Slot Thailand airbet88 bagong4d gacor88 klik4d pay4d surga88

Suffering From Shin Splints? Find Out The Cause!

Often refereed to as “shin splints,” this painful condition is actually not a specific injury, but rather a collective term that refers to several different injuries of the lower leg.

Shin Splints (Wikimedia Commons)

Shin Splints (Wikimedia Commons)

A common exercise-related ailment, injuries that fall under this umbrella term are typically the result of inflammation due to an injury of the soft tissues in the front of the outer leg (tibia). Shin splints have been known to occur most commonly in runners, but in reality any rigorous activity in which repetitive stress is placed on the shinbone can bring about this condition.

It is more likely for a person to incur shin splints when their leg muscles and tendons are tired or if the intensity of their workout is rapidly increased. Women, people with flat feet or rigid arches, athletes, military recruits, and dancers all have an increased likelihood of developing shin splints.

If you believe you are suffering from shin splints, then it’s more than likely that you have sustained one of these injuries:

Medial tibial stress syndrome: The most common cause of leg pain in athletes, medial tibial stress syndrom (MTSS) is an overuse injury in which the muscles of the lower leg pull on the periosteum or sheath surrounding the bone, causing pain on the inner aspect of the shins. This pain usually runs along the length of the shin and may be present in one or both legs.

Tibial stress fracture: A stress fracture of the tibia is an overuse injury that typically develops gradually over time due to activities placing large amounts of stress on the tibia. The pain is usually located directly over the bone in the shin and is relieved when not bearing weight. An X-ray, bone scan and CT scan are usually required to confirm this diagnosis and determine the severity of injury.

Anterior tibialis tendonitis: Patients suffering from tibialis anterior tendonitis usually experience pain at the front of the shin, ankle or foot during activities which place large amounts of stress on the tibialis anterior tendon. The pain is located along the outer border of the lower leg bone, where the anterior tibialis muscle is located, and can first become noticeable when walking or running uphill. Other symptoms include pain when bending the foot and toes up as well as swelling and redness over the front of the ankle where the tendon is.

If you are dealing with shin splints, it is important to stop running completely or decrease your training depending on the extent and duration of pain.

In most cases, shin splints can be treated with rest, ice and other self-care measures. This will give the tibia time it needs to recover from high levels of stress, thus reducing inflammation and pain levels. It is important to make a gradual return to activity after the pain has subsided in order to avoid re-aggravating the injury — a process that may take multiple weeks depending on the severity of the injury.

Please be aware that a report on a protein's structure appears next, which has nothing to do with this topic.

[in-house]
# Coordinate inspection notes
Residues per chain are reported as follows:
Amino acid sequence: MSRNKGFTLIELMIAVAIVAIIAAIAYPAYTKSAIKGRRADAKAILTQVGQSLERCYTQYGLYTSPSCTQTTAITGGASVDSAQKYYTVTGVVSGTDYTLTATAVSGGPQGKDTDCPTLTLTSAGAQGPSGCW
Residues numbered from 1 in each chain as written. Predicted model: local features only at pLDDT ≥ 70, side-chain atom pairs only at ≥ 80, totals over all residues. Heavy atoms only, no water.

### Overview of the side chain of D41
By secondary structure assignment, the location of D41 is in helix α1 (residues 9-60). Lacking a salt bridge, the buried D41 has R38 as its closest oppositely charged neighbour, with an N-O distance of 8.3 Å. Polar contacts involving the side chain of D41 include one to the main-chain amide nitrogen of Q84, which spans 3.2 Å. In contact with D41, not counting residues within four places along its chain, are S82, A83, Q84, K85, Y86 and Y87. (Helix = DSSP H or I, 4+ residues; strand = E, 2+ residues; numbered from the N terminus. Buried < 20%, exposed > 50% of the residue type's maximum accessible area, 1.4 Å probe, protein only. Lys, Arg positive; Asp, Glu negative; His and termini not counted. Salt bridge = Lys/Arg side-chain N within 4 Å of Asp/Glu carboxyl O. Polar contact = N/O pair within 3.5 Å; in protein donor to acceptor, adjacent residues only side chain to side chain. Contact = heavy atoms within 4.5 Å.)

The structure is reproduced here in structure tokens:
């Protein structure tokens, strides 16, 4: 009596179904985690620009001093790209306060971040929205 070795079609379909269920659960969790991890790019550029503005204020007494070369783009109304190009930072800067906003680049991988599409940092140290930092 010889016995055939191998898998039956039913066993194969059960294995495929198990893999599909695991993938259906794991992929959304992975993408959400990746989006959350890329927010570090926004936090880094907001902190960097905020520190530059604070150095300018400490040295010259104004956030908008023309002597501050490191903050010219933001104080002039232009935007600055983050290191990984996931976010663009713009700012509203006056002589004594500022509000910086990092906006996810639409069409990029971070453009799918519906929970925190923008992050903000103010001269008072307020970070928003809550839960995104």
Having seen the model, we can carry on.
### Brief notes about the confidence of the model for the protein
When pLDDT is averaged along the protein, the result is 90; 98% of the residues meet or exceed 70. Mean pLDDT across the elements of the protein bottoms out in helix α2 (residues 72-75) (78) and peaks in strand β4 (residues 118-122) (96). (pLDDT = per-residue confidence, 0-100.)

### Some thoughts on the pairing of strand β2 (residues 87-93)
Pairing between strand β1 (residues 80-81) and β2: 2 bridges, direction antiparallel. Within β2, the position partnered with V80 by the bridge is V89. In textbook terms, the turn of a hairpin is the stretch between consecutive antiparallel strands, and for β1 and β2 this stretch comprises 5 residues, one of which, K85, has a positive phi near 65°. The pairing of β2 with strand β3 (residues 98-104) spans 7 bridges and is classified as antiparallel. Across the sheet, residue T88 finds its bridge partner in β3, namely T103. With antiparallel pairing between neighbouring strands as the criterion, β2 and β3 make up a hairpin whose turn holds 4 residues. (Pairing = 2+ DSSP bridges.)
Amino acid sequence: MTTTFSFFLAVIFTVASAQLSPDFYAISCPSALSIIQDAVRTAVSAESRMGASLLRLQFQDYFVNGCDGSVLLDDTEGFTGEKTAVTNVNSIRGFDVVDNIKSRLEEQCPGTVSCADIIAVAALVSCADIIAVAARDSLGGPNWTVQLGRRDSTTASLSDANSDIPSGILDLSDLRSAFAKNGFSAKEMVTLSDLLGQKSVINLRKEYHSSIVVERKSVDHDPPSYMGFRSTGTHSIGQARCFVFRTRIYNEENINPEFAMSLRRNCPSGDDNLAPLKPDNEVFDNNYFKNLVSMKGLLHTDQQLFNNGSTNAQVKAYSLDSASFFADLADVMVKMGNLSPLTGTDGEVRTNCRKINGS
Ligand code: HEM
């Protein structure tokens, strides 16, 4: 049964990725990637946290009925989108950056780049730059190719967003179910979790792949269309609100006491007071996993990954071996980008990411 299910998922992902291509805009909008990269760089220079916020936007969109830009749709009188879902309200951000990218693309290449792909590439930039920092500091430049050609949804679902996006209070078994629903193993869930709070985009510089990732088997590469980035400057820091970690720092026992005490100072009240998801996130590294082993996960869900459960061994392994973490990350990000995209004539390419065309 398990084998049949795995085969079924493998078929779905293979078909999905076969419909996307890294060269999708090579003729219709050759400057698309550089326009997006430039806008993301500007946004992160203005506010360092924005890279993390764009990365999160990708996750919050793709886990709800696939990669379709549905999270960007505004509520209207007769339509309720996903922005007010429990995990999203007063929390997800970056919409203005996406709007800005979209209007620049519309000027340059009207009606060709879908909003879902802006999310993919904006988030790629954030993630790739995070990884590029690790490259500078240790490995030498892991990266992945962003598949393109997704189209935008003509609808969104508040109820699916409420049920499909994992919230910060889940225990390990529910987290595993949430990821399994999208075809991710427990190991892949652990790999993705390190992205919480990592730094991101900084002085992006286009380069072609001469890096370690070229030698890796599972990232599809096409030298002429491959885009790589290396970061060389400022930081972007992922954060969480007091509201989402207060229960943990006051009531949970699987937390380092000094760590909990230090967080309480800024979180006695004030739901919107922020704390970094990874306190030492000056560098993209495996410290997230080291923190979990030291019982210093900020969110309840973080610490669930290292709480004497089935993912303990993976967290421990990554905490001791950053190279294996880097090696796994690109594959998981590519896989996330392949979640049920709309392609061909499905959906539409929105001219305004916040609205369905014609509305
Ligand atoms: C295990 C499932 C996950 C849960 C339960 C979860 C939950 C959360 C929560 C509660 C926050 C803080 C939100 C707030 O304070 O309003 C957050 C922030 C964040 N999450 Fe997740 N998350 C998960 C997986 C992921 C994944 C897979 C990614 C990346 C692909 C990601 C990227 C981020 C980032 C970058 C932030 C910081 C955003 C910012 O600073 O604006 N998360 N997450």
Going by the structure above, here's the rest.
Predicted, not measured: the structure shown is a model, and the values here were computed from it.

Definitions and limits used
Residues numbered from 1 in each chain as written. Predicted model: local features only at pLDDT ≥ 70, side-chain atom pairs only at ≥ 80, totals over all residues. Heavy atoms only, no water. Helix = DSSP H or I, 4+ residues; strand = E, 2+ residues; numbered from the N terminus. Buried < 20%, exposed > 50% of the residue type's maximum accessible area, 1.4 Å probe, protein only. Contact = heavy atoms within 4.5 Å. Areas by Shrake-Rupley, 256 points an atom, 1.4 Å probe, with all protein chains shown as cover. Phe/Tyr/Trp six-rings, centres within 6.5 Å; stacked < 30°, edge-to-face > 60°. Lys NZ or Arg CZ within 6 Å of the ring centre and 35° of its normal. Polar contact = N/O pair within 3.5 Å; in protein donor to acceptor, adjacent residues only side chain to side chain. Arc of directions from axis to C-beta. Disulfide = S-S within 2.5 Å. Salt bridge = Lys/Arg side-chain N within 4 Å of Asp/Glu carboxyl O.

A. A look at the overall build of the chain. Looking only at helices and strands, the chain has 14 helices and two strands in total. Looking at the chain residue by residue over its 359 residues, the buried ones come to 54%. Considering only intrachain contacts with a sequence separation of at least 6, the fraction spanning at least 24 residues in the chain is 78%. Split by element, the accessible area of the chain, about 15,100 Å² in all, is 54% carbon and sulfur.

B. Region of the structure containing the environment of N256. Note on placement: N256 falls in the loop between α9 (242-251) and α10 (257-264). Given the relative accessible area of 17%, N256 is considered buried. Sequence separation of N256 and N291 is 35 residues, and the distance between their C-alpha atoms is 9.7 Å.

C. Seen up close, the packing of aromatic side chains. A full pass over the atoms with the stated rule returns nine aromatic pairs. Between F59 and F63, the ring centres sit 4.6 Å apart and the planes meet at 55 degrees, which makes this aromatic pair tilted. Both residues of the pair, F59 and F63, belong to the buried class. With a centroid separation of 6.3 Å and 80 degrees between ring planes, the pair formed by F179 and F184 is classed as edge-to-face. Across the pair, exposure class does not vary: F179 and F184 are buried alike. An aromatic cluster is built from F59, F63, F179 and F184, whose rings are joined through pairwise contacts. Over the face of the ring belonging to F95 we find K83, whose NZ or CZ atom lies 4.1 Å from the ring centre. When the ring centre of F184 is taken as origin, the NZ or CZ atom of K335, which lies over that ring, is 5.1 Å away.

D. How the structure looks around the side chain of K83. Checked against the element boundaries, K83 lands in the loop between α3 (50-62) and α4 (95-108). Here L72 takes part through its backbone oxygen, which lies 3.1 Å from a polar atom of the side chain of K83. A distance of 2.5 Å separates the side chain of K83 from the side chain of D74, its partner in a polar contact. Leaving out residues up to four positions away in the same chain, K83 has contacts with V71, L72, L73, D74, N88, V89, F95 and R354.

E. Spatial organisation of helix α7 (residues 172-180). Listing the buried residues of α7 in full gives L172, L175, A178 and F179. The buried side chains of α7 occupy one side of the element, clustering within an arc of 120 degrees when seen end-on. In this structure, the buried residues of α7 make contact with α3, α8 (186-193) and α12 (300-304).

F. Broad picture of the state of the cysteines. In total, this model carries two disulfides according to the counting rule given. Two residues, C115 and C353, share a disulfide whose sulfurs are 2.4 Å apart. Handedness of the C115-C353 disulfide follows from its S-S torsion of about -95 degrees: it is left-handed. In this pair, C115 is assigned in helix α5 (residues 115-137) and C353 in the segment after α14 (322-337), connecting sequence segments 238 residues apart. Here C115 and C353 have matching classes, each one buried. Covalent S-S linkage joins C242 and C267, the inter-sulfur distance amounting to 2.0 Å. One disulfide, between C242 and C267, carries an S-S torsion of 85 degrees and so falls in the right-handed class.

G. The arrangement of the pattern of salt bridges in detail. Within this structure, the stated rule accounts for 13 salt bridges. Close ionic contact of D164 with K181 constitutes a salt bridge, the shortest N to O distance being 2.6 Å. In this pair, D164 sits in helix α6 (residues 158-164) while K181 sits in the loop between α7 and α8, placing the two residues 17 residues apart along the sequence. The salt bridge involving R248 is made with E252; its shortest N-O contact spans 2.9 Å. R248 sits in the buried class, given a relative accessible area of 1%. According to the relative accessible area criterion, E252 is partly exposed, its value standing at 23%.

At Delray Beach Podiatry, Dr. Ian S. Goldbaum luckily has the tools to expedite this healing process, as the only podiatrist in South Florida currently using Erchonia’s FX 635 laser to treat soft-tissue disorders.

“Erchonia’s FX 635 laser is ideal for treating chronic heel pain sufferers and other soft-tissue disorders because it offers effective, pain-free treatment — without side effects,” Dr. Goldbaum said. “In just three weeks with two treatments per week, patients can have significant and lasting relief from these conditions.”

The FX 635 laser produces a low-level, or cold, output that has no thermal effect on the body’s tissue (you can’t even feel it!). FDA-approved for both efficacy and safety, FX 635’s low level laser technology works by stimulating a physiological response which accelerates healing.

In short, you just lie back, relax and let the laser do the rest. These treatments require no preparation and typically take 10-12 minutes. After only a few weeks, your pain can be gone or substantially reduced.

If you are interested in setting up a consultation with Dr. Goldbaum, please see our contact information below.

Follow Delray Beach Podiatry on Twitter @Delray_Podiatry

The content on this website is for informational purposes only. Do not rely or act upon information from without seeking professional medical advice. If you live in South Florida and would like a consultation with Dr. Ian Goldbaum, a podiatric physician and surgeon with over 30 years of experience, please see our contact information below:


16244 S. Military Trail #290, Delray Beach, FL 33484



8198 Jog Road #100, Boynton Beach, FL 33472





No category


No responses yet

    Leave a Reply

    Your email address will not be published. Required fields are marked *